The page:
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Wednesday, 3 May 1961

Mr WHITLAM (Werriwa) .- Mr. Temporary Chairman,I move -

Omit proposed sub-section (6.).

Clause 4 amends section 39 of the act, and it substitutes two new sub-sections, numbers (5.) and (6.), for existing sub-section (5.). The existing sub-section prevents aboriginal natives of Australia, Asia, Africa, or the islands of the Pacific, except New Zealand, from enrolling or voting unless they are aboriginal natives of Australia who are entitled to a vote pursuant to section 41 of the Constitution, or are or have been members of the Defence Force. The new sub-section, for the omission of which I have moved, no longer precludes aboriginal natives of Asia, Africa or the islands of the Pacific from enrolling or voting, but it does preclude aboriginal natives of Australia from enrolling or voting.

The Opposition cannot endorse this reenactment of a provision denying to Australian aborigines the right enjoyed by all other citizens of enrolling and voting for candidates for election to this Parliament. I know of no other country in which aboriginal natives are precluded from voting on the basis of their race. This has happened in Australia and in Australia alone in recent years, and if the bill goes through in its present form the practice will be continued in Australia alone.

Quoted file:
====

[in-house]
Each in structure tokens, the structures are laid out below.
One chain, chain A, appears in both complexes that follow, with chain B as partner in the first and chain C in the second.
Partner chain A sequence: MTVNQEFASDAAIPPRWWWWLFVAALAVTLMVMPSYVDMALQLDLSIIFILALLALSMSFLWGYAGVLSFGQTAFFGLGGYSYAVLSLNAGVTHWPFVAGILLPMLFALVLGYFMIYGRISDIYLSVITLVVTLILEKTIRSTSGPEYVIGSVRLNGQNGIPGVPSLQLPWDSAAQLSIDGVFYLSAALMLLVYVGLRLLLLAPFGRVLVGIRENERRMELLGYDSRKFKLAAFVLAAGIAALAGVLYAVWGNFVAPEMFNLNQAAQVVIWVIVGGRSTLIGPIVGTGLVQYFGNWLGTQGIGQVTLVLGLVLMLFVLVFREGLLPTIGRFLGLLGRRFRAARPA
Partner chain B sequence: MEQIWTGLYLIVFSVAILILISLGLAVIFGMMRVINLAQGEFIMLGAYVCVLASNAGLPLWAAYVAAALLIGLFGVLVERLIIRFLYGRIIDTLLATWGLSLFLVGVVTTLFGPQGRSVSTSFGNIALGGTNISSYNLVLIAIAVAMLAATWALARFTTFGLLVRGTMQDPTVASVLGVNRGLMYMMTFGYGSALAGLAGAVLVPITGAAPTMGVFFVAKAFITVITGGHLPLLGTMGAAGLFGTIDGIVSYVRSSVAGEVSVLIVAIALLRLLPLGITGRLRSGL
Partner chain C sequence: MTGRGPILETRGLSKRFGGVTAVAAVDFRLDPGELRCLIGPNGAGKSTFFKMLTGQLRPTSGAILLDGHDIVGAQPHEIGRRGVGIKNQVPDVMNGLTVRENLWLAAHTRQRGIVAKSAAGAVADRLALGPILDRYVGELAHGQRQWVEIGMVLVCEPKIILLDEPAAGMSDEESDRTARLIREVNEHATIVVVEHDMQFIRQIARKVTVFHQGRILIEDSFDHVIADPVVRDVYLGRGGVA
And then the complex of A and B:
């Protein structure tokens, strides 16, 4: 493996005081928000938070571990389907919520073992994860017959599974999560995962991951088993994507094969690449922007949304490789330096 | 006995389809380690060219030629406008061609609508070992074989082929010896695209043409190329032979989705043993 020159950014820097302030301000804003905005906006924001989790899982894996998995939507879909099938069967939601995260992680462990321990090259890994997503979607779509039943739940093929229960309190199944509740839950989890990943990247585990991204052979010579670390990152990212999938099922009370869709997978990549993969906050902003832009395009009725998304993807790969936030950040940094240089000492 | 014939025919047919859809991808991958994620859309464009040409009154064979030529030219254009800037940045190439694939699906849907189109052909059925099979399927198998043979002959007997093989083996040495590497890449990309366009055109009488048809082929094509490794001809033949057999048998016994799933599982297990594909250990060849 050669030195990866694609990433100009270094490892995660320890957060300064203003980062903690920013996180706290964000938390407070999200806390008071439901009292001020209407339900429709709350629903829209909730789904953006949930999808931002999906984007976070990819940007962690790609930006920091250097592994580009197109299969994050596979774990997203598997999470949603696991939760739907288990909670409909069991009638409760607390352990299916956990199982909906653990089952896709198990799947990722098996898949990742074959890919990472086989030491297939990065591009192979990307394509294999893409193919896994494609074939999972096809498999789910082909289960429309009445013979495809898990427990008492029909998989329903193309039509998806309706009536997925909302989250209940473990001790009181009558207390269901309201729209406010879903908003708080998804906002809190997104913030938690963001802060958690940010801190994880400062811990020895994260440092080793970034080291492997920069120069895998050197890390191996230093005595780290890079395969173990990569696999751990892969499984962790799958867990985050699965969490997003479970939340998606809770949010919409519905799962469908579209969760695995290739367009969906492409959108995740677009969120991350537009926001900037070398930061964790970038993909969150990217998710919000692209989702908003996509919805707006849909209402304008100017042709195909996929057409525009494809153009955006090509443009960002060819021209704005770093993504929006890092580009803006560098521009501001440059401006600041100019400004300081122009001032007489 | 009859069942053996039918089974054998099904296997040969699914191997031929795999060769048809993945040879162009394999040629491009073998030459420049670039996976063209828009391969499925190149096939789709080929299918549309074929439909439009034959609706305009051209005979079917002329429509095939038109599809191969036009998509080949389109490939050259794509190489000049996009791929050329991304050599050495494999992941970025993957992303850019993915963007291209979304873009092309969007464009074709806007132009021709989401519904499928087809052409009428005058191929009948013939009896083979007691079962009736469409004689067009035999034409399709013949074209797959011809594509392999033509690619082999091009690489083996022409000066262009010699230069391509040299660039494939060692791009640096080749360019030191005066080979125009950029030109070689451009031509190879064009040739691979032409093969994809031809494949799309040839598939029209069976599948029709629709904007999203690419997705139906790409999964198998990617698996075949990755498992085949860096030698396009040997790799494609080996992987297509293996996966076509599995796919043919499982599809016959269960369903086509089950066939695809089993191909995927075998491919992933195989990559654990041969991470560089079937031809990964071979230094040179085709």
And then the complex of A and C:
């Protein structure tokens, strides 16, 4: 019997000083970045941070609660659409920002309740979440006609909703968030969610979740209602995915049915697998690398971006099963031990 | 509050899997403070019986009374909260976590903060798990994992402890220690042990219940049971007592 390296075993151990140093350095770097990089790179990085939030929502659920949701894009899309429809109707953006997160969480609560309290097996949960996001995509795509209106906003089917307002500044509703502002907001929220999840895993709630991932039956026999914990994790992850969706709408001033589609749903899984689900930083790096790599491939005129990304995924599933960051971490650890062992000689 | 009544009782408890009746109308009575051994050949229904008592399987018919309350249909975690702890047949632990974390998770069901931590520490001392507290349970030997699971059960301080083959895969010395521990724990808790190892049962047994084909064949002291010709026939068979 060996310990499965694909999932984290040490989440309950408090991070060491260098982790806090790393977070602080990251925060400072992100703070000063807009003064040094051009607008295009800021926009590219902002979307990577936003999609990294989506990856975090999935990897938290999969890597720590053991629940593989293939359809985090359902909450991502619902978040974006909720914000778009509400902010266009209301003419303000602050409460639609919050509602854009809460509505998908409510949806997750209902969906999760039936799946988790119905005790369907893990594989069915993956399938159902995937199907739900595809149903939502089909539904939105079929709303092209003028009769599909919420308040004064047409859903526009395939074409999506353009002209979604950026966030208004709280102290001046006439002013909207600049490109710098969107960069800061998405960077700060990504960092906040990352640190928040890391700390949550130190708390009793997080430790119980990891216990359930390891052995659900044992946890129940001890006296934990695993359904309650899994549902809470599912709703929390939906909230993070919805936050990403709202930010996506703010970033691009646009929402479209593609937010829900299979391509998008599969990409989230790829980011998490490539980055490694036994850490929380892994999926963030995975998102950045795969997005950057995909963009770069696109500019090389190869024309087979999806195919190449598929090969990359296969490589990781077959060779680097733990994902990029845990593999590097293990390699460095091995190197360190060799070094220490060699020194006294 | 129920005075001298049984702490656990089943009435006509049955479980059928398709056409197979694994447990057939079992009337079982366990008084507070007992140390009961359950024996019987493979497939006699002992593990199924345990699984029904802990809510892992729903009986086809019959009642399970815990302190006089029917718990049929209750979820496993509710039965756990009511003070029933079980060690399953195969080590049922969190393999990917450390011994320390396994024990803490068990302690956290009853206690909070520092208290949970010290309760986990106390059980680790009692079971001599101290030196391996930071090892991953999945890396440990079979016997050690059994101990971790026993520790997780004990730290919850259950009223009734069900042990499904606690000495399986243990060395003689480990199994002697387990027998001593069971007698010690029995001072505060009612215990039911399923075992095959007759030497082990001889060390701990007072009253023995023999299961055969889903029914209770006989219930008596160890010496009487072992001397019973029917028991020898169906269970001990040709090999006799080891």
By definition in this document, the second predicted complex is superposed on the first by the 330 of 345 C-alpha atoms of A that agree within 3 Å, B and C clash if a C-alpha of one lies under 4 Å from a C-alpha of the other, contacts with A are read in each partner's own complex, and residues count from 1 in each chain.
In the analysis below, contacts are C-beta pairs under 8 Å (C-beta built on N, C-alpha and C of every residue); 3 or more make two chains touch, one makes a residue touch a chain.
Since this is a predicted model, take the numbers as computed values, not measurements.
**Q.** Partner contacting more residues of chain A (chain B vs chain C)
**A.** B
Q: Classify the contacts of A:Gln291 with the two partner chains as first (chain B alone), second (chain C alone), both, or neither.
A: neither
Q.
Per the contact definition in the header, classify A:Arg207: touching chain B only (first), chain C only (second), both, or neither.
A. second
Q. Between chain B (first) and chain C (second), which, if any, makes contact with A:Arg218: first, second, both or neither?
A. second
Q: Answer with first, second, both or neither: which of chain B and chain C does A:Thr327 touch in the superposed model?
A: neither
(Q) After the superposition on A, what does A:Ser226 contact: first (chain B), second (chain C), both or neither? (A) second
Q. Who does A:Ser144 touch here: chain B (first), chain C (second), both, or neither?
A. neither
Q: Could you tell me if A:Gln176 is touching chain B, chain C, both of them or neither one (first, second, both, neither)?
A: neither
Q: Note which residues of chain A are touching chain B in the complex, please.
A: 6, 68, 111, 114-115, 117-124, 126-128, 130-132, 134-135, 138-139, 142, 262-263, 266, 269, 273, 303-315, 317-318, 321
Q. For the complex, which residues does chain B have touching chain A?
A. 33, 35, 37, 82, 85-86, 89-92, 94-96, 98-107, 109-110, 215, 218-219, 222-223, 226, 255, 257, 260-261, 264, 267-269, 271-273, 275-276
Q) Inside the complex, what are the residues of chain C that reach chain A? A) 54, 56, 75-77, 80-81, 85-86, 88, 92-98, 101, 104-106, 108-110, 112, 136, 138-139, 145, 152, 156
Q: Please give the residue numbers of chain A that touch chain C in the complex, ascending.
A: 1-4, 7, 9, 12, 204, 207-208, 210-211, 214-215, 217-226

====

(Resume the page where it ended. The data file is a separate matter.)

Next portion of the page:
Mr Forbes - They do not get the vote in Malaya.

Mr WHITLAM - I did not know that. Does the honorable member mean that persons who are said to be of Malay race are not given a vote in Malaya?

Mr Bury - The aborigines in the hills are not given a vote.

Mr WHITLAM - Are they deprived of the vote just because they are aboriginal natives of Malaya?

Mr Bury - Yes.

Mr WHITLAM - Then we share an odious eminence with Malaya in this matter.

Mr Hasluck - The natives of India are not given a vote.

Mr WHITLAM - Is that so?

Mr Hasluck - The members of the aboriginal tribes.

Mr WHITLAM - There are aboriginal tribes in a very great number of countries, and until the honorable member for Barker informed me of the position of Malaya I had never heard of a country which precluded its aboriginal natives from voting on the ground that they were aboriginal natives.

Until now, aborigines have had a vote for this Parliament if they have had a vote for the parliament of the particular State in which they live. If this bill goes through, that will continue to be the position. They will not be able to vote in elections for this Parliament if they do not have a vote for the State parliament. In other words, aborigines on the Queensland, Northern Territory or Western Australian sides of borders are not considered fit to vote, or at least are not permitted to vote. Those on the South Australian or New South Wales sides of the borders, however, are permitted to vote, whether they are fit to vote or not.